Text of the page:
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Levitan, co-founder Maveron 2
Dan Levitan of Maveron

Maveron struck gold a few years ago when it provided the initial seed funding to a young e-commerce startup by the name of Zulily, housing the startup at its offices as entrepreneurs Darrell Cavens and Mark Vadon got the idea off the ground. Of course, that’s proven to be a very, very good investment for Maveron, with Zulily last summer raising $85 million at a whopping $1 billion valuation.

Now, Maveron is looking to repeat that success.

The Seattle venture capital firm, co-founded by Starbucks Chairman Howard Schultz and former investment banker Dan Levitan, today is announcing a new seed funding program designed specifically for consumer-oriented startups.

The goal? Invest in one seed-stage deal per month, sinking $100,000 to $250,000 in each.

The money will be provided from Maveron’s $240 million fourth fund, with each of the firm’s six partners (spread between Seattle and San Francisco) looking for young upstarts. Levitan notes that the firm has “plenty of dry powder” available to support a dozen new seed-stage deals, and it has already started the process by backing TechStars Seattle grad and automotive shopping service Tred.

“Our hope is that a bunch of these seeds become cores,” says Levitan, adding that he’d be satisfied if 10 to 20 percent went on to raise successful next rounds.

Maveron’s new program comes amid changing winds in the venture capital business. For one, seed-stage deals have increased in volume as investors attempt to get in on the next big idea, earlier. According to CB Insights, seed-stage deals increased from 472 in 2009 to 1,749 in 2012, a trend that is creating the so-called “series A crunch” for those early-stage companies trying to raise their next round of funding. (See yesterday’s story: “Yes, it really is harder to land that series A round from VCs”).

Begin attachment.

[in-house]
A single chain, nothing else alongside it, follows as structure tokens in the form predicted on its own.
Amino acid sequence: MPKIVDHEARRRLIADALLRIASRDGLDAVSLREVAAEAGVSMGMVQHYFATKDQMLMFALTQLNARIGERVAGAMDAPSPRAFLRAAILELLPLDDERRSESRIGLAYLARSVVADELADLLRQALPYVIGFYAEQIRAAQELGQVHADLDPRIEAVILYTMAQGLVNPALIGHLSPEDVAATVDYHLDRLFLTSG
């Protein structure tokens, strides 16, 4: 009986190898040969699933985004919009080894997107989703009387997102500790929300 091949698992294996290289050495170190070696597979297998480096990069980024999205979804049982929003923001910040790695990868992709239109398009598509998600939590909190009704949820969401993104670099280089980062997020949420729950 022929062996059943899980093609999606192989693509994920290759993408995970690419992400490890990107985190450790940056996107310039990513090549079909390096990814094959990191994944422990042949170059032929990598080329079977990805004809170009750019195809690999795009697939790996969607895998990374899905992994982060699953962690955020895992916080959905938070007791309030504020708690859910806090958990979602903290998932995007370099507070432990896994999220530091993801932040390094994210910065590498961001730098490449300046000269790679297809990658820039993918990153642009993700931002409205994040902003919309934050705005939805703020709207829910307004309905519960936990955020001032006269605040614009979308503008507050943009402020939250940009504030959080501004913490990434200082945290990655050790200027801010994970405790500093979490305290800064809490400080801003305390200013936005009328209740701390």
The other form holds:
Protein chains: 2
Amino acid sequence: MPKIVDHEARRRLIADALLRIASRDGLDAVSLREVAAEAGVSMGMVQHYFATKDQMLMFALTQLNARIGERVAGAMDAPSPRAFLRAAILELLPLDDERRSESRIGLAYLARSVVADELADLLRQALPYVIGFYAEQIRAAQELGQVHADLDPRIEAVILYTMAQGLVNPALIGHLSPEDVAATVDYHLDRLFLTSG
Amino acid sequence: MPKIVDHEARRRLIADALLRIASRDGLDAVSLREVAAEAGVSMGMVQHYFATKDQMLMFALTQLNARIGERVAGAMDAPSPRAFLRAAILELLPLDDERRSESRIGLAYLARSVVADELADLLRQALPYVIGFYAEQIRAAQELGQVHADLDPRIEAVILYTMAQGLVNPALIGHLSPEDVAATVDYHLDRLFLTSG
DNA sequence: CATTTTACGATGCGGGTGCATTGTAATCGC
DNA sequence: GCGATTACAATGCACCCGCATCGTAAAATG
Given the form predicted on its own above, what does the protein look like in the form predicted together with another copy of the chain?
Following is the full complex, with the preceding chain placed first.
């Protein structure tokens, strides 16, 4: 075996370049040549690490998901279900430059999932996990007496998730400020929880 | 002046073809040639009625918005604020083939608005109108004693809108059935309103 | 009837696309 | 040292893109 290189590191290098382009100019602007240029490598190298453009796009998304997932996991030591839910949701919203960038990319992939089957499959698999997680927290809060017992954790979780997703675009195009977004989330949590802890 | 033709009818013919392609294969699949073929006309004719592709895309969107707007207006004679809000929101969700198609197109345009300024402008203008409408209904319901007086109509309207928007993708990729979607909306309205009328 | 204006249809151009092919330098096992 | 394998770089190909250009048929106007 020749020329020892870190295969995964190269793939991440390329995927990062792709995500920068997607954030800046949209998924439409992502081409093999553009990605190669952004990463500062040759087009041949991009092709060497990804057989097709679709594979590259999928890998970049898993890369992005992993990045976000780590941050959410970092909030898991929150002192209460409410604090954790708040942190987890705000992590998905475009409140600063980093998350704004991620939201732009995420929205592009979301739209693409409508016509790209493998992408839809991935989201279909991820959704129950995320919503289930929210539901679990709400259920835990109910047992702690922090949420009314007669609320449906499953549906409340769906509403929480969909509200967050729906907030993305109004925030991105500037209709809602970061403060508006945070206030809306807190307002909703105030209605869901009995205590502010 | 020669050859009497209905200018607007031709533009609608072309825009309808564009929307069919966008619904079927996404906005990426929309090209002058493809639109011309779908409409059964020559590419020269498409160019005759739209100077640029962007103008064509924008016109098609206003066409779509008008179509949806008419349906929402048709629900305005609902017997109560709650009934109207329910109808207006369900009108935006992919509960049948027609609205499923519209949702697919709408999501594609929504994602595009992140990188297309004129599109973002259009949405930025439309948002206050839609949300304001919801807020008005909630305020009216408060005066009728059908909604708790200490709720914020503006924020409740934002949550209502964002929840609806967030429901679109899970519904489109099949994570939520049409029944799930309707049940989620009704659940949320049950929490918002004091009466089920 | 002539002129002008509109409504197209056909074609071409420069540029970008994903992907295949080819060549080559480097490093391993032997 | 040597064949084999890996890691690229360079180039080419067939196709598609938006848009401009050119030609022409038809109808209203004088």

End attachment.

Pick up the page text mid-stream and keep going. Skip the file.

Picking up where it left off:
Some of the Maveron portfolio

Furthermore, consumer technology startups, once the hottest realm of the venture capital set, have fallen out of favor in recent months as investors turn their attention to enterprise software companies.

Levitan thinks that trend is creating an opening for Maveron, which has tightened its focus in recent years around consumer technology upstarts in health and wellness, education and e-commerce.

“We know one thing, and that’s what we focus on, which is consumer,” said Levitan, a backer of Julep,, Trupanion and Potbelly Sandwich Works. “As we’ve seen more venture dollars flow away from consumer, we think now is as good of time as any, perhaps better, to build a consumer company.”

The reason is that consumer technology companies now have a better opportunity to integrate into people’s lives, especially as they use various devices in different ways.

“In the e-commerce world, you’ve gone from virtually zero to 30 or 35 percent of traffic and sales … in mobile off of really the emergence of iPads and other kinds of devices,” he said. “Quite contrary to the way the dollars are speaking, the opportunities to build great consumer businesses using that distribution infrastructure and social mechanisms are better than ever before. And so we are glad to put money to work, and in terms of our seed program, step it up.”

Typically, venture capital firms of Maveron’s size have struggled to make investments of that size.

Partners only have so much capacity, and the smaller deals, though they can turn into the next Zulily, don’t always work out.  Most importantly, they also can eat up time.

Levitan said that they have streamlined the decision process around the smaller bets, and that they will be clear with the early-stage entrepreneurs that money provided at the seed-stage won’t come with the heavy lifting usually associated with the later-stage deals.

“We clearly say to them, when we invest $100,000 that’s different than when we invest $4 million,” says Levitan.

Even so, Levitan said that they hope to use the program to get to know some of the emerging consumer-tech entrepreneurs. It also will allow the firm to put more money to work in early-stage bets that are working well.

“The opportunity to get a very large pie hopefully emerges,” said Levitan.

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